“If you believe you are a citizen of the world, you are a citizen of nowhere” – so said British prime minister Theresa May in a speech which captured the tone of the Conservative government’s long-running campaign to crack down on immigration. From creating a “hostile environment” for illegal immigrants, to ramping up visa restrictions
“If you believe you are a citizen of the world, you are a citizen of nowhere” – so said British prime minister Theresa May in a speech which captured the tone of the Conservative government’s long-running campaign to crack down on immigration. From creating a “hostile environment” for illegal immigrants, to ramping up visa restrictions and pursuing a Brexit deal to end freedom of movement between the UK and Europe, the Conservative government has made strenuous efforts to prevent immigration to the UK.
What’s perhaps more surprising is that the opposition felt compelled to say something similar: the Labour party’s manifesto declares it would honour the EU referendum result and end freedom of movement, replacing it instead with “fair immigration rules”, as yet not clearly defined.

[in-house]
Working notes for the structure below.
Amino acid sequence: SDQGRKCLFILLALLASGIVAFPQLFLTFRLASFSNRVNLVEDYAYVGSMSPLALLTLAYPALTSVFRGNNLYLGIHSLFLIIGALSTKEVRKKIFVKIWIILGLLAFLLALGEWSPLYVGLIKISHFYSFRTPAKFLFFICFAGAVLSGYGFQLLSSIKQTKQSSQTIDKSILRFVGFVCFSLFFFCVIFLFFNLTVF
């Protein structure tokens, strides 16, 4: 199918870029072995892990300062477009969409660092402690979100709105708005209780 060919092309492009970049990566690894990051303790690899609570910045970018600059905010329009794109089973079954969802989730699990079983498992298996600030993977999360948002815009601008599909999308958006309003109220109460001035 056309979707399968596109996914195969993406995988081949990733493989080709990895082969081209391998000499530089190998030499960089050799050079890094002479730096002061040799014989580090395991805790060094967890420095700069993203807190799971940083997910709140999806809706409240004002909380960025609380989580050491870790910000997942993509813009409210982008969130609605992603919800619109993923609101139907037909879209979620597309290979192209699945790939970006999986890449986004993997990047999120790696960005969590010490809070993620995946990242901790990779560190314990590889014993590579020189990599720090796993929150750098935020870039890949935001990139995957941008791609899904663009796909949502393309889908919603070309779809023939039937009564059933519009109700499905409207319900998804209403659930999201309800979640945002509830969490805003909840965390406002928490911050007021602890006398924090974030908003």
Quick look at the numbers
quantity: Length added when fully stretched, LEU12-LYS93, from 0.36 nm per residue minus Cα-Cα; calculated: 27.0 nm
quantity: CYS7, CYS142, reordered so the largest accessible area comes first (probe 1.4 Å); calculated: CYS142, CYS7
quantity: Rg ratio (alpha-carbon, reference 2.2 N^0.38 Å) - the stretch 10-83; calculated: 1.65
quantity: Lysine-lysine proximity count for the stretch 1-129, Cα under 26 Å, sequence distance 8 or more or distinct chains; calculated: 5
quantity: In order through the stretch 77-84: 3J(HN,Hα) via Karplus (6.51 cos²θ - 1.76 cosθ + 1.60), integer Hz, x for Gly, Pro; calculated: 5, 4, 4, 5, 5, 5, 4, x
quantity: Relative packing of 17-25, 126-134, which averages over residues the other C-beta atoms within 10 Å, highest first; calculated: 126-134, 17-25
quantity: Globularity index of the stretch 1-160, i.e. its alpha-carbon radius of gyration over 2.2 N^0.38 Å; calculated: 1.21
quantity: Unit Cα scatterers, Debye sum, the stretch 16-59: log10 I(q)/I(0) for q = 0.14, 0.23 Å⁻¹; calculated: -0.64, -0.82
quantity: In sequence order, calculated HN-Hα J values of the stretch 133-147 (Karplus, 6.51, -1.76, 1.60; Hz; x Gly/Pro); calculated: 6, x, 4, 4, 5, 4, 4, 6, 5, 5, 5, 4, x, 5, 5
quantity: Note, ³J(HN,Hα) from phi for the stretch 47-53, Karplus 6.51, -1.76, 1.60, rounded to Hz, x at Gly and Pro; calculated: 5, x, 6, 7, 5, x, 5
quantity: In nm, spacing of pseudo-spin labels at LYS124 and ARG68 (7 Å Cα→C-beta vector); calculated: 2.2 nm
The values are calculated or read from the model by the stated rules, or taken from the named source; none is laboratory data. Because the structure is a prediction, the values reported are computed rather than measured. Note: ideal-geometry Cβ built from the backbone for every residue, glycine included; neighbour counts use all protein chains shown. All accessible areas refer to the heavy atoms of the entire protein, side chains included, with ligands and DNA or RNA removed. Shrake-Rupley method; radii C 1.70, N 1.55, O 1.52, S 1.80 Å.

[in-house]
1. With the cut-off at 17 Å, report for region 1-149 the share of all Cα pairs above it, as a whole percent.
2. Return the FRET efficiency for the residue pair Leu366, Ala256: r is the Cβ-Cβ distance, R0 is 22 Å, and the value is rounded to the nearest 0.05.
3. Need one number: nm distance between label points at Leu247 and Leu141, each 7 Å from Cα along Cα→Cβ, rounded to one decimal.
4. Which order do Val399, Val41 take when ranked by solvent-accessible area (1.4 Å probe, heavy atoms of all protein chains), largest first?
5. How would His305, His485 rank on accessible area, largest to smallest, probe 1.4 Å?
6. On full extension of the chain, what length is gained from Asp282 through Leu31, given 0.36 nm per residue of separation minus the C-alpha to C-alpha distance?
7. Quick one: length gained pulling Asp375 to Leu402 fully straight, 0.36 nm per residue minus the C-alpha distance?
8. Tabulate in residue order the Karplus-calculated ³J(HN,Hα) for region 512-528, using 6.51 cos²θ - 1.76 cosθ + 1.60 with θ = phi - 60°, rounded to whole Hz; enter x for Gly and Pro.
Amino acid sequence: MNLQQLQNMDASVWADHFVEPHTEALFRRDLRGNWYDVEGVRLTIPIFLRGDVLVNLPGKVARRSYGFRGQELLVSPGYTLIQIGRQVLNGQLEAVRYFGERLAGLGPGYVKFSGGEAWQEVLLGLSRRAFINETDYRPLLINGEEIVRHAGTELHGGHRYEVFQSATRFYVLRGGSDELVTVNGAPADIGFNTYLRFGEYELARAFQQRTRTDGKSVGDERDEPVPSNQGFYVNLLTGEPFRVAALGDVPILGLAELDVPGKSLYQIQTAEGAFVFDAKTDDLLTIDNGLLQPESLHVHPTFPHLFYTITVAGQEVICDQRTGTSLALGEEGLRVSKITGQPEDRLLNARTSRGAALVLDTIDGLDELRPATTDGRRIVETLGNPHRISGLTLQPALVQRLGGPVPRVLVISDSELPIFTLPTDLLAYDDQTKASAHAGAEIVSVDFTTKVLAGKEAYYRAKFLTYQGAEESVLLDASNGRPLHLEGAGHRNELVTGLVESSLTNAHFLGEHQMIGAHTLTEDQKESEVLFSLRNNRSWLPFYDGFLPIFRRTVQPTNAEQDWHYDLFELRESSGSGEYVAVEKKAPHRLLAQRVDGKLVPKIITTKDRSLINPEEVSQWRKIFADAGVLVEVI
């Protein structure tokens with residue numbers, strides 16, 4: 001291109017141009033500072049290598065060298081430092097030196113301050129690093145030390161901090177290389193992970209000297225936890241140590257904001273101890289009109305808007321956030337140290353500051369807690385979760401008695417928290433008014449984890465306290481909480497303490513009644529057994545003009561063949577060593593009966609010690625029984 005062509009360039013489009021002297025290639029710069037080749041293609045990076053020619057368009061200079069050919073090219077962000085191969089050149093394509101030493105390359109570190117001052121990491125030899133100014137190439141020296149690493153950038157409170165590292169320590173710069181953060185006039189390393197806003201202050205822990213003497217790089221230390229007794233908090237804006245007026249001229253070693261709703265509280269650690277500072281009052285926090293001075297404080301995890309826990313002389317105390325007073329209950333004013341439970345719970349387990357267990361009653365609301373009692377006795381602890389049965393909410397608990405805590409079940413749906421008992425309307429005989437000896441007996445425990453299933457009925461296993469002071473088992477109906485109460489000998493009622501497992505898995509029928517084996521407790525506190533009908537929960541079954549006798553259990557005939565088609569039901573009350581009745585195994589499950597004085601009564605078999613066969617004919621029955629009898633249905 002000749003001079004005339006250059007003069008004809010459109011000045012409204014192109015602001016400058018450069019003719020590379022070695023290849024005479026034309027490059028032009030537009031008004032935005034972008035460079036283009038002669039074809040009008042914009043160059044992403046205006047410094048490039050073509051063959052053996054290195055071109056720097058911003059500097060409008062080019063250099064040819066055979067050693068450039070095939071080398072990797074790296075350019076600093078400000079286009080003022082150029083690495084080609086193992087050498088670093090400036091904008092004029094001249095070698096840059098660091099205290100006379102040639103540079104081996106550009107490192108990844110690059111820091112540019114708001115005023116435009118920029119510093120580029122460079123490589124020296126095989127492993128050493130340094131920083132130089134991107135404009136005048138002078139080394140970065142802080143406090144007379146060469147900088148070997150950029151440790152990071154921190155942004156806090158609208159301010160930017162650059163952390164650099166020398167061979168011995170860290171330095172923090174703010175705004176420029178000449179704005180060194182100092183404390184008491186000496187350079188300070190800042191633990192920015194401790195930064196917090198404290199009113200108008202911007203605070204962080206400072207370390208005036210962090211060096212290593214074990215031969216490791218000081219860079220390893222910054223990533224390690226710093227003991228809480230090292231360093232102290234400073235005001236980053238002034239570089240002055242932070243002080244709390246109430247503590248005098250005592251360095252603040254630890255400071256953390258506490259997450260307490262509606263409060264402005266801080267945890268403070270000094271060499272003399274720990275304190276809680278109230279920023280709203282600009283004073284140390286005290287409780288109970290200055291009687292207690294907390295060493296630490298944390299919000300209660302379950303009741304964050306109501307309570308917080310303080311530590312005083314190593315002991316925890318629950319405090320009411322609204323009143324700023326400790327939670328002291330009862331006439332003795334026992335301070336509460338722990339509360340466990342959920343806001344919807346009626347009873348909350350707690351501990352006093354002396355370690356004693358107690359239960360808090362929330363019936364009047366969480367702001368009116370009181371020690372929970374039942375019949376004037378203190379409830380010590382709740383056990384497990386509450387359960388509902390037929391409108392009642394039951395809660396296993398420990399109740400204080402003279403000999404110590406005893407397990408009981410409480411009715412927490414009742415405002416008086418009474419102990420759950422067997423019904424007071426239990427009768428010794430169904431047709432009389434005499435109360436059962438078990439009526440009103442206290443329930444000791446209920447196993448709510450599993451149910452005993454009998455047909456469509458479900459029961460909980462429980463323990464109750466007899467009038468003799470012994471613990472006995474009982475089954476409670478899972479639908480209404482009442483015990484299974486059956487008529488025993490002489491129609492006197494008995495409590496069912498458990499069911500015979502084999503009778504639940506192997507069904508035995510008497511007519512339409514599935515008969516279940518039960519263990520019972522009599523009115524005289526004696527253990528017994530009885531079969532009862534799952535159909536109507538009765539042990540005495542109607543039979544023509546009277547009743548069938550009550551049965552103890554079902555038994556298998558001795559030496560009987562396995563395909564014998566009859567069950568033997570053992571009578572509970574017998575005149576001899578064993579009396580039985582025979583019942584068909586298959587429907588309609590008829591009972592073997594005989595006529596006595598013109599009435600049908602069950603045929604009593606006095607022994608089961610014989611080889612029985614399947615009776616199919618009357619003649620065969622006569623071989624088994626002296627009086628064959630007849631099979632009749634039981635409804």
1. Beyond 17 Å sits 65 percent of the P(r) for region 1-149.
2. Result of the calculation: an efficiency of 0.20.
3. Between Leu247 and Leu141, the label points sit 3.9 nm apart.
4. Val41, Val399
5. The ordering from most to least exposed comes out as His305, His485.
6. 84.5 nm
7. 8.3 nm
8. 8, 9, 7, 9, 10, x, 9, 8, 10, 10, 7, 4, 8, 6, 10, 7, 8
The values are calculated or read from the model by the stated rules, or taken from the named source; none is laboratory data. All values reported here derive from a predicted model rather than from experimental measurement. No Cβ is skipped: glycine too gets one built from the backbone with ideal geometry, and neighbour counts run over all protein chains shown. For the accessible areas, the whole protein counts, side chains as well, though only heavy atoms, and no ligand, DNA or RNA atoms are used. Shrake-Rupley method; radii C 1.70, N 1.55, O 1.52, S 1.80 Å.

Both parties’ stances contain a grain of irony. The Conservatives – seen in the past as supporting businesses that make money from international labour – now seeking to tighten the borders. Labour – a party descended from unions set up to support worldwide movement of labour – now showing little sense of solidarity with international or EU workers.
But as a professor researching labour history and media communication, I find the greatest irony is that migration helped forge the very social, cultural and economic infrastructures that Britain now seeks to wall off from the rest of the world.
A brief history of British migration
Between 1815 and 1930, an estimated 11m Britons left for North America, Australasia and South Africa. During the same period, 7m Irish shipped out to the US and the British dominions. Migration on this massive scale contributed to imperial and labour diasporas – economic migrants shifting across international borders during a period of great change.
At the same time, between 1840 and 1911 around 4.5m people moved from the countryside to British cities such as London, Leeds, Liverpool, Sheffield, Glasgow, Birmingham and Newcastle to take up work and learn new skills. With this came the need to help those without jobs.
Until the Trade Union Act of 1871, UK trade unions were prevented from organising for political purposes. Instead, workmen banded together as mutual self-help societies. They provided funds for illness and death duties, set up regional support networks and offered members financial support during periods of unemployment.
From the early 1800s onwards, UK labour unions built sophisticated structures to support the movement of people locally, regionally and globally. The general workings were similar: societies issued members with travelling documents indicating their good standing, as well as information on union contacts strung along a circuit of towns.